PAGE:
It’s not just superhero blockbuster films, though. It seems like television and movie producers are becoming increasingly reliant on comic books for source material. Sweet Tooth, Riverdale, Men in Black, Umbrella Academy, Locke & Key, The Walking Dead, Stumptown, the list goes on. So much of what’s becoming television and film these days are stories adapted directly from comic books. This isn’t inherently a bad thing, especially when it comes to independent/creator owned titles. Comic book creators, who largely tend to take home modest incomes deserve to be paid for the film and tv rights to their properties. Some, like James Tynion IV, are taking advantage of this for the good of their peers. Tynion is using the money he’s receiving from the television adaptations of his comics to create more resources/opportunities for other comic creators.

Through the Hollywood projects using comics as source material, there’s a level of geek street cred that comes with it. Franchises like the MCU and the increasing visibility of gamer culture have taken the outsider geek culture of the 80s and 90s and mainstreamed it. In a lot of ways, it’s cool to be a geek. It’s cool to play dungeons and dragons and go see superhero films, and a lot of these geek tropes that create this mainstream geek culture come from comic books. There’s a power in adapting a comic book into a film. A credibility gained from being based on a comic book or a graphic novel. The film or series is given legitimacy through it, regardless of the faithfulness of the adaptation, and more importantly, how the creators of the comic are being treated and compensated.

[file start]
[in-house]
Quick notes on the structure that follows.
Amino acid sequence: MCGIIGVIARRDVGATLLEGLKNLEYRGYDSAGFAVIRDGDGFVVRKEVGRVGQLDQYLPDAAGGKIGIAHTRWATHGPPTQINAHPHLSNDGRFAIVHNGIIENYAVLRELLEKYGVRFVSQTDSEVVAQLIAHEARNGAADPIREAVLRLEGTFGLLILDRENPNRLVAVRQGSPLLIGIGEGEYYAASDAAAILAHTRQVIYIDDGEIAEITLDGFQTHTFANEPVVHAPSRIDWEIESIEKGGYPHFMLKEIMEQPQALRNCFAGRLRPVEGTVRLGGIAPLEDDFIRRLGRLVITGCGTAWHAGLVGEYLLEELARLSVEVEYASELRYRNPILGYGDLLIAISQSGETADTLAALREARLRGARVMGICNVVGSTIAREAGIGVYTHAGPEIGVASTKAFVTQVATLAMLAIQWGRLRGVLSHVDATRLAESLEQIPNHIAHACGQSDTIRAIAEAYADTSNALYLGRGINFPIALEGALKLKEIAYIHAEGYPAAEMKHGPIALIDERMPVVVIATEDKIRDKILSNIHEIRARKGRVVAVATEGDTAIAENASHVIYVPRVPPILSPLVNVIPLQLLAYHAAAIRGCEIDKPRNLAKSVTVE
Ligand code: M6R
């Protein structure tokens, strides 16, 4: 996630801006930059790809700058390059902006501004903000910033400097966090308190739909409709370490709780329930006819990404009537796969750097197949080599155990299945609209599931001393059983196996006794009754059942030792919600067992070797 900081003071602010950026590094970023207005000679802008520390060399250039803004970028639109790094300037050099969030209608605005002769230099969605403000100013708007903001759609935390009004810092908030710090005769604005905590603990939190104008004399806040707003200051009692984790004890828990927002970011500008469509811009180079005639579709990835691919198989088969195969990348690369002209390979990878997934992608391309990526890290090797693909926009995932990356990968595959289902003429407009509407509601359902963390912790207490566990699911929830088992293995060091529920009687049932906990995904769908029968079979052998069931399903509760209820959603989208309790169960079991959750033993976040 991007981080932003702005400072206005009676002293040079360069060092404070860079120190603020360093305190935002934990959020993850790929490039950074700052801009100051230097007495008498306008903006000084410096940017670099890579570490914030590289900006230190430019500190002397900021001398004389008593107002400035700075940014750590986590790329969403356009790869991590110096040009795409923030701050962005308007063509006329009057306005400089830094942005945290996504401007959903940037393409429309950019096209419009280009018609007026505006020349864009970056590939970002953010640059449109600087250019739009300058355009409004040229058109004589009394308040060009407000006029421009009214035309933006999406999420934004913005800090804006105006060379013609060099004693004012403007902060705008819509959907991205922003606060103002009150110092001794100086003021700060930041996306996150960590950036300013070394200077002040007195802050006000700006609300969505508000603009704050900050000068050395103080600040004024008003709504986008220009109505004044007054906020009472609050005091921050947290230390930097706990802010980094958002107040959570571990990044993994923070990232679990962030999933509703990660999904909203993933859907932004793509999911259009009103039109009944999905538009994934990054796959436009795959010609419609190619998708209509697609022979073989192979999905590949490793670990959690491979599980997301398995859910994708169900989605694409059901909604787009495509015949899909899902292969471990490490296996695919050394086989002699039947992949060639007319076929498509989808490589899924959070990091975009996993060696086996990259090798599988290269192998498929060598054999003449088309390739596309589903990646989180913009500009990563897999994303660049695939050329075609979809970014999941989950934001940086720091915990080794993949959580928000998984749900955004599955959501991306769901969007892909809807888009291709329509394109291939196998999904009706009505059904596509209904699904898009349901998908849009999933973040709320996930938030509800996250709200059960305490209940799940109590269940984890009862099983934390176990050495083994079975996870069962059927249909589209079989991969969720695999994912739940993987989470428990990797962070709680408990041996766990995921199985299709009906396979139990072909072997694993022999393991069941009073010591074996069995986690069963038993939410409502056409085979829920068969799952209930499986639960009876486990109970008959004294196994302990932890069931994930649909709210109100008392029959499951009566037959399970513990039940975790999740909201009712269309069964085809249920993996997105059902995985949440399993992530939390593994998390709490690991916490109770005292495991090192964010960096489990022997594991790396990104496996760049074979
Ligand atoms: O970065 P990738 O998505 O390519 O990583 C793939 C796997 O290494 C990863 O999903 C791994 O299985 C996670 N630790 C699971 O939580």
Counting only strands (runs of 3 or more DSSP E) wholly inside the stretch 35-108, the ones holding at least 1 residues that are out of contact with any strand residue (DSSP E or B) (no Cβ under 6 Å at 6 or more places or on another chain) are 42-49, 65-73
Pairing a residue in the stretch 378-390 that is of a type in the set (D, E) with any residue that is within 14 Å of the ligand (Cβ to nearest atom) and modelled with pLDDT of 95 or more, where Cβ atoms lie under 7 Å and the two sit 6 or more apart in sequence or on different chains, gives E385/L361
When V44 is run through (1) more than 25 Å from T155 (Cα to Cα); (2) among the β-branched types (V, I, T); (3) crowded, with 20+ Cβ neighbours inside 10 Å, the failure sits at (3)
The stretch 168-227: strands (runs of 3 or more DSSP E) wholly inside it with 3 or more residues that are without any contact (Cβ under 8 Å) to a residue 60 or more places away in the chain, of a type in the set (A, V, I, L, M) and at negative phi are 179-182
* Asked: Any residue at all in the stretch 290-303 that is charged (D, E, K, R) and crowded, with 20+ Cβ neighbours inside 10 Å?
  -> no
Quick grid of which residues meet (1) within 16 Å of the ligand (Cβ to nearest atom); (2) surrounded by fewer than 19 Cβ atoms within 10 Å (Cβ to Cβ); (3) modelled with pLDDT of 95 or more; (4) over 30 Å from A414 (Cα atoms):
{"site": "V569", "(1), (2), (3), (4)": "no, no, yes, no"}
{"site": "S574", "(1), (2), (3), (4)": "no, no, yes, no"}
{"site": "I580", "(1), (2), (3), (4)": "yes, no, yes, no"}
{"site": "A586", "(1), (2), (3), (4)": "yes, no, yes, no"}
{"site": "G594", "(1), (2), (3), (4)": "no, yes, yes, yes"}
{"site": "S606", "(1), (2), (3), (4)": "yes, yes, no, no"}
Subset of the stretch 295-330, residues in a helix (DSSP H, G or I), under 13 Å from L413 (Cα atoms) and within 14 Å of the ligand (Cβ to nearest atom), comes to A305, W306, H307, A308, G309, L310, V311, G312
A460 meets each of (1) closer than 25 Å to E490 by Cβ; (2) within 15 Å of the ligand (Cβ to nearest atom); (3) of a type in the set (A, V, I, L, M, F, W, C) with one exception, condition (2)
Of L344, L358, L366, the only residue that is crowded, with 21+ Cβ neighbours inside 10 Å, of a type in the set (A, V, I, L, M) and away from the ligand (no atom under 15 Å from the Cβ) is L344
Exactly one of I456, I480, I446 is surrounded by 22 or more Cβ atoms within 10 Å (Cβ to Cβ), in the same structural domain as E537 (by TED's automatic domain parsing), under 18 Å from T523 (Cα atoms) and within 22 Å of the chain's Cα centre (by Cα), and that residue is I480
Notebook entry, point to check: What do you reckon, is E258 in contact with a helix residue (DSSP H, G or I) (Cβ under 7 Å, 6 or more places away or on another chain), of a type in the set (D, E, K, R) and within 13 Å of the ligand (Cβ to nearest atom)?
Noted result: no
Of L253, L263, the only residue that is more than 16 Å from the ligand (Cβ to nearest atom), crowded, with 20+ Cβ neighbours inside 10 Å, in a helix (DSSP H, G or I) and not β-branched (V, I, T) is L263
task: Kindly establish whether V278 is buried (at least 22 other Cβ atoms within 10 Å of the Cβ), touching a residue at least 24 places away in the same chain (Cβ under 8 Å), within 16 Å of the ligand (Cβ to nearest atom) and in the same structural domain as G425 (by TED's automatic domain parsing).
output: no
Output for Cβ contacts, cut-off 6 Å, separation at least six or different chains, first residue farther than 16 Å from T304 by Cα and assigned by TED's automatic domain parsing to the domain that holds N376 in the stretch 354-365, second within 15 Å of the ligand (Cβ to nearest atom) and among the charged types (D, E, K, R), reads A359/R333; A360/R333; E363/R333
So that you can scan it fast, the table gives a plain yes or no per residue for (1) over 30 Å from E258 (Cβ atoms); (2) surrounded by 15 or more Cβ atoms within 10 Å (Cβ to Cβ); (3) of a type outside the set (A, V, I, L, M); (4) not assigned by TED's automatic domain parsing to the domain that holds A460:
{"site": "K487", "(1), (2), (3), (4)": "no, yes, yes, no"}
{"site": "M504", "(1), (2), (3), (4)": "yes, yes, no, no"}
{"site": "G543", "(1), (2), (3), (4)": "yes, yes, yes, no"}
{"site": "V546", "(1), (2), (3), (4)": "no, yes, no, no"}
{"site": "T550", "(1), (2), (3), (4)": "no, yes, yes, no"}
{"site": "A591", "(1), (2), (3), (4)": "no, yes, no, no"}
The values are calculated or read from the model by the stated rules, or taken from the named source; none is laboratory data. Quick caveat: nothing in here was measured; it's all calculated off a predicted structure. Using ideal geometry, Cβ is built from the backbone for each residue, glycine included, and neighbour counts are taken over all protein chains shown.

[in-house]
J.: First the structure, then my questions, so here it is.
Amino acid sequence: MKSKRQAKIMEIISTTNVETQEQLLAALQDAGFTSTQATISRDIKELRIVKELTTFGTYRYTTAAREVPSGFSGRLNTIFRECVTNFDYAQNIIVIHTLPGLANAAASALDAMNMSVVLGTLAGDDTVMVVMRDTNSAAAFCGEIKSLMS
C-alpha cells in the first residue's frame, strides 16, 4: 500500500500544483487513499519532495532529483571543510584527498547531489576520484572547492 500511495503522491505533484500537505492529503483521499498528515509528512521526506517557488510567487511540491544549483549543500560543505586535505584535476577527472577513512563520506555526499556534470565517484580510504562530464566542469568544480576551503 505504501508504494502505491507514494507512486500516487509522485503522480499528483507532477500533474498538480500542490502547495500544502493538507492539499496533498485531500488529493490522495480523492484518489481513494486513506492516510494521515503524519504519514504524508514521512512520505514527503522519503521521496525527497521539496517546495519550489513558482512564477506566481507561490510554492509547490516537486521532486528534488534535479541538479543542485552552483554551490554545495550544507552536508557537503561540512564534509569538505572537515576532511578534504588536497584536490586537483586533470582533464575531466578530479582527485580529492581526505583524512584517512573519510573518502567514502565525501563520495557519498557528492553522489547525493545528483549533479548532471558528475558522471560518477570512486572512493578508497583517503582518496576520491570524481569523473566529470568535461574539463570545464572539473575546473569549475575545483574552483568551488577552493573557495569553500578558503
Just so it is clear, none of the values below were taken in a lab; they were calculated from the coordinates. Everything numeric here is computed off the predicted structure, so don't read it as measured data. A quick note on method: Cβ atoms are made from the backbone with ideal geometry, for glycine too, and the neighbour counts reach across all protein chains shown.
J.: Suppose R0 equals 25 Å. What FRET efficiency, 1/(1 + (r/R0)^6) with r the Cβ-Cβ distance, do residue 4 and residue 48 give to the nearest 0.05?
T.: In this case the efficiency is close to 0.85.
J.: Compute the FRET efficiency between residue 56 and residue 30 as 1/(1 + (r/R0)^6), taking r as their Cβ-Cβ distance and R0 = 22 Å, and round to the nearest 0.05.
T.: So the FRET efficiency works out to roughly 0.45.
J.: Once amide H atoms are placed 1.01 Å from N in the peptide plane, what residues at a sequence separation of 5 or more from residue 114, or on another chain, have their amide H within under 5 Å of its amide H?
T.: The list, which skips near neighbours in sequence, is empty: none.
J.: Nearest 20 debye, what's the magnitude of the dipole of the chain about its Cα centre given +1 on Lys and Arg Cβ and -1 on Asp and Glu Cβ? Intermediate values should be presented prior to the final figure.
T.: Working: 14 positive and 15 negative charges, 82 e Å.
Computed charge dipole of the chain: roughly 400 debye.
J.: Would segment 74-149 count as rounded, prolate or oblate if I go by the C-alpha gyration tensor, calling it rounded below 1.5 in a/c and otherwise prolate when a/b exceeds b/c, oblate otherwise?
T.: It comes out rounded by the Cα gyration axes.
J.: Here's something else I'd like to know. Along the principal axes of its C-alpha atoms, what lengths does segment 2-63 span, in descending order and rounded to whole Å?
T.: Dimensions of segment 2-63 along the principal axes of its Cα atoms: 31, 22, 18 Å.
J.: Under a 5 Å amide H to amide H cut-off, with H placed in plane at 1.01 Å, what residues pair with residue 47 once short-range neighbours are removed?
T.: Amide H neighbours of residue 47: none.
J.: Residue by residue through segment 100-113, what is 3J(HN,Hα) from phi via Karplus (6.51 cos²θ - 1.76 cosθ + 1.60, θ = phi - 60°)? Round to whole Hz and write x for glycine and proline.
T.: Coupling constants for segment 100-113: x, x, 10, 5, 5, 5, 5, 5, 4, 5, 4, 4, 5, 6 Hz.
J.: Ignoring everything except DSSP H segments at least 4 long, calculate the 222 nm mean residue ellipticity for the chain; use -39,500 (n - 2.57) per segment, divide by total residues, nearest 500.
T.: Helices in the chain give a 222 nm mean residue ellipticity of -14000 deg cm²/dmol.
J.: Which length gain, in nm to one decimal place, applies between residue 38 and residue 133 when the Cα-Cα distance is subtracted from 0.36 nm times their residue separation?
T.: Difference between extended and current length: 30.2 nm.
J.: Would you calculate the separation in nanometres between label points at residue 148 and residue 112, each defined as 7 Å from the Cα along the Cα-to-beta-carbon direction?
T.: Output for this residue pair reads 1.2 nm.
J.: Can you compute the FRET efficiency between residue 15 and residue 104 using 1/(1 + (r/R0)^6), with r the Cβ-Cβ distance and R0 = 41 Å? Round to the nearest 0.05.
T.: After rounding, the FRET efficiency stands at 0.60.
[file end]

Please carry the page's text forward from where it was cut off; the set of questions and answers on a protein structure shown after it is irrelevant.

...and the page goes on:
Excerpt from Wonder Woman story “A Star in the Heavens” by writer Gail Simone and artist Bernard Chang.

However, while the aesthetics of comic books are being used to give films and television series legitimacy, comic books as a medium are often disregarded by the general public. It’s cool to play video games, watch blockbuster films, and even play tabletop games like dungeons and dragons, but in the wave of geek media being given mainstream recognition, it seems that comic books have been left behind. To be talked about, adapted, but never truly experienced on their own merit is a shame.